Bordo, S (1987). The Flight to Objectivity: Essays on Cartesianism and Culture. Albany: State U of New York P
Kemp, M (2006). Seen / Unseen: Art, science and intuition from Leonardo to the Hubble Telescope. Oxford: Oxford Univ Press

Space in the Renaissance

external image Duccio_Maest%C3%A0.jpg
Duccio di Buoninsegna, c1308-11. The Maesta, painting on wooden panel, 396x213cm. Museo dell'Opera Metropolitana del Duomo, Siena

Duccio was active in Sienna during the early years of the Italian Renaissance. His work, strongly influenced by Byzantine traditions, retains Mediaeval elements such as a certain flatness, along with increasing elements of naturalism and modelling of space.
Duccio's Maesta, 1308-11, the main altarpiece panel of which, measuring 396x213cm, is shown above, presents a surface with very imited elements of spatial depth. We do not inhabit the same space of Jesus and Mary and the Saints.

Mary is larger than the Saints to show her importance. Jesus is small to show that he is a child, and yet he is a miniature adult rather than the naturalistic baby depicted later on in the Renaissance.

external image EntryIntoJerusalem_Duccio_di_Buoninsegna.jpg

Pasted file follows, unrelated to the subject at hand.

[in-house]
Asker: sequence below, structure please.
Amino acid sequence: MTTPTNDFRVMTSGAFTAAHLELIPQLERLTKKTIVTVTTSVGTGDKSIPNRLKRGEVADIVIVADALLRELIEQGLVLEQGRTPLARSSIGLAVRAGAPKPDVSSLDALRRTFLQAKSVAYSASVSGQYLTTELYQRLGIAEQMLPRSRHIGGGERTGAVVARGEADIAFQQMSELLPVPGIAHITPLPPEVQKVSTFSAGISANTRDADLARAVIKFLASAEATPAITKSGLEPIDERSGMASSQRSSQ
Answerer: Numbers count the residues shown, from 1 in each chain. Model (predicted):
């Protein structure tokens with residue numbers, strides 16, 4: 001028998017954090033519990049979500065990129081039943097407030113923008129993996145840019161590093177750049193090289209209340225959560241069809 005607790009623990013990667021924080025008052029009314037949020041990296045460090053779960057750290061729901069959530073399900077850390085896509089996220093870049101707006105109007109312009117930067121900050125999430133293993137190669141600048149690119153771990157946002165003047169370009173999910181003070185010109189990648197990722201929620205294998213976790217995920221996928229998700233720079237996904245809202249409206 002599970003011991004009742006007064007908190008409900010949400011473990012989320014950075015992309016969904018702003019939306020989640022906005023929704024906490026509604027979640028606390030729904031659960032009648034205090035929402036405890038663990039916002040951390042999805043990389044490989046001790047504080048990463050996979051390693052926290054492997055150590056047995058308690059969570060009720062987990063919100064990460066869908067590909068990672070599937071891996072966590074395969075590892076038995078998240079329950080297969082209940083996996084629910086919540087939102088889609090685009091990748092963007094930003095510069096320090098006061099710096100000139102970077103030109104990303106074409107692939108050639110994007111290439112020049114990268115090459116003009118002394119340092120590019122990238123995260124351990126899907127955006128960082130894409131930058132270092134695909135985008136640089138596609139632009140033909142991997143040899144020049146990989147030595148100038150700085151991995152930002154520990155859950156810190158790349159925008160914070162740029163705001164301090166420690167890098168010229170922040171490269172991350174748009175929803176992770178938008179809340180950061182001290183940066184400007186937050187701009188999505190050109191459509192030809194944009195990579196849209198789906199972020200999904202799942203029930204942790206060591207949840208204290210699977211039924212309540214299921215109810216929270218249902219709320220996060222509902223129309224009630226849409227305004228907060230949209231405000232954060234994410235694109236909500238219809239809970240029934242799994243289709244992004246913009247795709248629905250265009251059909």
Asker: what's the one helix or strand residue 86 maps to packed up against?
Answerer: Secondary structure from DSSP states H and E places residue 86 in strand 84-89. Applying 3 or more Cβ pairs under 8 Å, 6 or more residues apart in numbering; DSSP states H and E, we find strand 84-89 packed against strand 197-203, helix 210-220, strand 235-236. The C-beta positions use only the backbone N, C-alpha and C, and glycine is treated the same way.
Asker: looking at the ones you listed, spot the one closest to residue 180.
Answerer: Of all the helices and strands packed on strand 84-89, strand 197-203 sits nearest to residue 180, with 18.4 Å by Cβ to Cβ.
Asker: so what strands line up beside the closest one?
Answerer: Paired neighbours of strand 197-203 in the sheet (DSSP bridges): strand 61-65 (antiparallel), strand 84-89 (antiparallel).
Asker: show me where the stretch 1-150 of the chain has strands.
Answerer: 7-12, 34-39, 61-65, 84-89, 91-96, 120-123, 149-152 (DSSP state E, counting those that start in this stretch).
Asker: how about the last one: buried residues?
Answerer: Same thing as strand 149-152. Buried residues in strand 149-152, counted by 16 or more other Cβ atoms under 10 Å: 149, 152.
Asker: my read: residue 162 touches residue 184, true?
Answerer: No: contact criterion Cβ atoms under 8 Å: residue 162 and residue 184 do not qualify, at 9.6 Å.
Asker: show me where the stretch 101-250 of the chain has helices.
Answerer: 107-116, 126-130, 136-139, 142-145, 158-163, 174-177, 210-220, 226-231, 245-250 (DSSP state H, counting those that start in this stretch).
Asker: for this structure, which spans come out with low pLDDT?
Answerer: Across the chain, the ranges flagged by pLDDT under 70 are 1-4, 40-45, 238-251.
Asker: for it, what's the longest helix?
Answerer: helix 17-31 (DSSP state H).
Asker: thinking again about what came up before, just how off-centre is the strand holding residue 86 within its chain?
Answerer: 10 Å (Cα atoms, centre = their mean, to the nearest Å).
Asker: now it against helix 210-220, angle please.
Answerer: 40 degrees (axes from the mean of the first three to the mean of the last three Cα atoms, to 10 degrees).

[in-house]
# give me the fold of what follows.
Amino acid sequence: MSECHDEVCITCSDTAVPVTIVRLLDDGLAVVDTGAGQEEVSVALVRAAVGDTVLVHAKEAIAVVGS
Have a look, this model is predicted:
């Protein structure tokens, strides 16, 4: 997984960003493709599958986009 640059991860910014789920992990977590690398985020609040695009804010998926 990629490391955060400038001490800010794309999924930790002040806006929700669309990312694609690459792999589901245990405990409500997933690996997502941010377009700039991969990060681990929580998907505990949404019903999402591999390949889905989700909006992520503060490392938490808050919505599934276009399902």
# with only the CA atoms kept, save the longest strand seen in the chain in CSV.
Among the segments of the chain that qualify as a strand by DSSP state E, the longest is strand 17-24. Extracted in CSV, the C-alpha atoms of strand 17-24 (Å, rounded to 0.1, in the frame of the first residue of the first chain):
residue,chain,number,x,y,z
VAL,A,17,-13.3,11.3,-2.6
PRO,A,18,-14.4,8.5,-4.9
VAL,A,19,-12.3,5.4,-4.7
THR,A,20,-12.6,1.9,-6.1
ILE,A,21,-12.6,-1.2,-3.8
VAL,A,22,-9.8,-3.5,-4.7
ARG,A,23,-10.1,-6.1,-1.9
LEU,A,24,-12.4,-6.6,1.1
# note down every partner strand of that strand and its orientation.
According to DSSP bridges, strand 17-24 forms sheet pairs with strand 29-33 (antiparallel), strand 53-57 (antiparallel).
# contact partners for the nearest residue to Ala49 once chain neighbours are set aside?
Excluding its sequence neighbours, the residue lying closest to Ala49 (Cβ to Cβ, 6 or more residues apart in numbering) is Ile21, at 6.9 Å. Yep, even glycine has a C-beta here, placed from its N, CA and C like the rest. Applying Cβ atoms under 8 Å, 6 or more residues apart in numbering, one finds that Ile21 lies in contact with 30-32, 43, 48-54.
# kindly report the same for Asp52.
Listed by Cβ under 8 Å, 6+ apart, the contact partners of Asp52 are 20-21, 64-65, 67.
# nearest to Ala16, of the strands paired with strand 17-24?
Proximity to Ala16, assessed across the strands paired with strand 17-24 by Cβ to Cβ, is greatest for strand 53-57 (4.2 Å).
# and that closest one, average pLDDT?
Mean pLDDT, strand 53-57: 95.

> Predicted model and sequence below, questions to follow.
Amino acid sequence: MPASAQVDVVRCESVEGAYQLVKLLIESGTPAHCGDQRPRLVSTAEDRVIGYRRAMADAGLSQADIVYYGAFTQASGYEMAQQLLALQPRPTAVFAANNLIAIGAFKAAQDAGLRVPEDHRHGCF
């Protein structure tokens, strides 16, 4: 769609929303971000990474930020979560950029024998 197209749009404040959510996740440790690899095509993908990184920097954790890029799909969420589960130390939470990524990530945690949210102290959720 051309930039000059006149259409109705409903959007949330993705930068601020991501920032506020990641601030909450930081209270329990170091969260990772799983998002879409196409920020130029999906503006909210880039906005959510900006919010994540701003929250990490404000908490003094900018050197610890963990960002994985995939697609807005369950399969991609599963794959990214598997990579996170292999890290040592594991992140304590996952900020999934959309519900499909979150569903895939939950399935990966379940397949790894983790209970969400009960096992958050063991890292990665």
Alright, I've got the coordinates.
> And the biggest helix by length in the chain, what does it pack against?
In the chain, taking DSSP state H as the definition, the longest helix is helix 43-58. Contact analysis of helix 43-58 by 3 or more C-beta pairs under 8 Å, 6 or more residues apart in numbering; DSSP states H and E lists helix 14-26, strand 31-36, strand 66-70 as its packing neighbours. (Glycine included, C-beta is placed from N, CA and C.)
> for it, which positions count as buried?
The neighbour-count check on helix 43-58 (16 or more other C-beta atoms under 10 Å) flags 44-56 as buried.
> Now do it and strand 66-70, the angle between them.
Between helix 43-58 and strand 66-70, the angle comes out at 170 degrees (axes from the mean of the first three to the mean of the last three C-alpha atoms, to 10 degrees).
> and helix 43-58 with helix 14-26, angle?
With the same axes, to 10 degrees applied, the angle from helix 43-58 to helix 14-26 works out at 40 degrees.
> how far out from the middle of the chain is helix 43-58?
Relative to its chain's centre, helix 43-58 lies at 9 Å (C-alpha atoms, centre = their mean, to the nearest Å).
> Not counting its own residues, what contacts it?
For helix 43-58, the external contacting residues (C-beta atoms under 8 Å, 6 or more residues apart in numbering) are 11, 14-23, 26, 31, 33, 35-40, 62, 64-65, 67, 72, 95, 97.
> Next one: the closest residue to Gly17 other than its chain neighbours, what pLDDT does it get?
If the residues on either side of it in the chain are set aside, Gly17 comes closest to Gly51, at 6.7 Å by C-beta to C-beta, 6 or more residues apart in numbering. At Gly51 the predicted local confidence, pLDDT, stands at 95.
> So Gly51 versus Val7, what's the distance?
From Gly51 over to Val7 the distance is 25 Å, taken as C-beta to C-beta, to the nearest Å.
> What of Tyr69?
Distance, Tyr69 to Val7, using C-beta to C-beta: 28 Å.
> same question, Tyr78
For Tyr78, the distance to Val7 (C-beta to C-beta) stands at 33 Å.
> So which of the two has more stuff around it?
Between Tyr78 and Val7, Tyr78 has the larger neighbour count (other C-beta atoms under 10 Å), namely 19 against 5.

Duccio di Buoninsegna, (c1308-11) Christ's entry into Jerusalem, panel from the Maesta, Museo dell'Opera Metropolitana del Duomo, Siena

In this small panel from the Maesta, Christ and his disciples approach the gate to Jerusalem greeted by a crowd. Some naturalistic depiction of objects and space is employed, though not linear perspective. In the Mediaeval manner Christs's disciples are huddled together because they are a group, similarly the crowd at the gate.

This painting is reviewed by Andrew Graham Dixon, who suggests that the open door at the bottom of the painting is an invitation 'carrying as it does the suggestion that those who hold fast to their faith will also, one day, be permitted to enter the city of God.'

Leon Battista Alberti, De pictura and Elementa picture
Leon Battista Alberti, De pictura and Elementa picture

Leon Battista Alberti, 1518, De Pictura and Elementa, Picture
Based upon Alberti's ideas conceived in 1435

external image 1525.jpeg
Leonardo da Vinci, 1481, sketch for the Adoration of the Magi

'Perspective is the rein and rudder of painting' - Leonardo da Vinci

external image Leonardo_da_Vinci_Adoration_of_the_Magi.jpg
Leonardo da Vinci's unfinished painting - The Adoration of the Magi, c1481-2, underpainting on panel, 246.4 × 243.8 cm,